“Make no mistake — this is the result of City Hall aggressively pushing precinct commanders to use stop and frisk beyond what is necessary and effective. It’s time to bring these numbers back to earth.”
Both Ms. Quinn and Mr. de Blasio are expected to run for mayor.
Peppered with questions at a news conference on Friday, Police Commissioner Raymond W. Kelly said that critics of the street-stop tactics “never have an answer” about how to tackle the disproportionate levels of crime in certain city neighborhoods. The department, by contrast, is always looking for answers to “slow down” crime.
“I would submit that our strategies are saving lives,” Mr. Kelly said.
He added: “You look at the numbers in this city; you look at the lives that we’re saving, and I would submit to you that the majority of those lives are minorities, and most of them are young men who are being killed for senseless reasons. We are saving those lives, and, quite frankly, we’re saving them at a much greater degree and extent than other cities are.”
Last year, there were 685,724 stop-and-frisk encounters, the highest total in the 10 years the department has reported the data. The annual total has gradually increased, from a low of 97,296 in 2002, according to departmental statistics.
So far, the numbers through March translate into an average of about 2,200 stops per day. The police said that 5 percent of the stops led to arrests and 5 percent led to summonses, slightly lower figures than in the first quarter of last year.
“If the trend continues we are headed toward a projected 730,000 or more stop-and-frisks this year, and we’re looking at well over 650,000 stops of New Yorkers who are so innocent that, in an era of zero tolerance, they walk away without even a summons,” Donna Lieberman, the executive director of the civil liberties group, said. “And the lion’s share of those impacted by the out-of-control policy are black and Latino men.”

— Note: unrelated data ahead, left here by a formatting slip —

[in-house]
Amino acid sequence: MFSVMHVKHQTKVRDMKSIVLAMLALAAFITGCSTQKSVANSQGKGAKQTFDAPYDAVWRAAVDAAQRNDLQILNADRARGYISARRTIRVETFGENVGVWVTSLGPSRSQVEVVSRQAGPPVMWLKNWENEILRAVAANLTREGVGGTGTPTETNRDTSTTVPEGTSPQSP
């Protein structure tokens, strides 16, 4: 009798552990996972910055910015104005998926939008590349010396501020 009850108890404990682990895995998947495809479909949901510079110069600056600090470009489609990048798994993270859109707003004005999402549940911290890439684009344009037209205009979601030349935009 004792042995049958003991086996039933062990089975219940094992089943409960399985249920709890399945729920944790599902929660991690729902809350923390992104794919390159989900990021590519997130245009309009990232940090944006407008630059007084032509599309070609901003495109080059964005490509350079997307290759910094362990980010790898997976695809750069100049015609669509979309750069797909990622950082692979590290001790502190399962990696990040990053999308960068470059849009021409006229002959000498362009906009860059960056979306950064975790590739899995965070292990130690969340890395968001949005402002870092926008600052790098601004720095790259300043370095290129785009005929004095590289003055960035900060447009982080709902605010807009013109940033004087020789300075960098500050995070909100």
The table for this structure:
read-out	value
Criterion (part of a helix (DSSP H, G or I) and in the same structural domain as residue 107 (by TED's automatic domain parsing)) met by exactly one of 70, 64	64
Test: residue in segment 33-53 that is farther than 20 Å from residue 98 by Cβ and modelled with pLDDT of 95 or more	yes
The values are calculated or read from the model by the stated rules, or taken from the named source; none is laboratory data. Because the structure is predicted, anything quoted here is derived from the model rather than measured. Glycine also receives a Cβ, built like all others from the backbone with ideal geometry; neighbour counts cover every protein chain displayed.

According to the police, the numbers so far this year show that 54 percent of the people stopped were black, 33 percent were Hispanic, 9 percent were white and 3 percent were Asian. Males made up 93 percent of those stopped, the same as through last March.
Though a large percentage of the stops involve blacks and Hispanics, Mr. Kelly said that 96 percent of all shooting victims in the city were black or Hispanic last year, as were more than 90 percent of murder victims.
In the new street-stop data, a curious detail emerged: Officers confiscated 260 guns in the stops through March, up from the 199 that had been seized in the same period a year ago. This came as Mayor Michael R. Bloomberg said Friday in a radio show appearance that a measure of the program’s success would be few guns retrieved by officers since the idea is not to catch people with them but “to prevent people from carrying” them.
Asked about this, Paul J. Browne, the Police Department’s chief spokesman, said: “Sometimes it’s a matter of being in the right place at the right time. But the mayor’s right. Anecdotally, we’re hearing that gunmen are carrying less often because of the greater risk associated with stops.”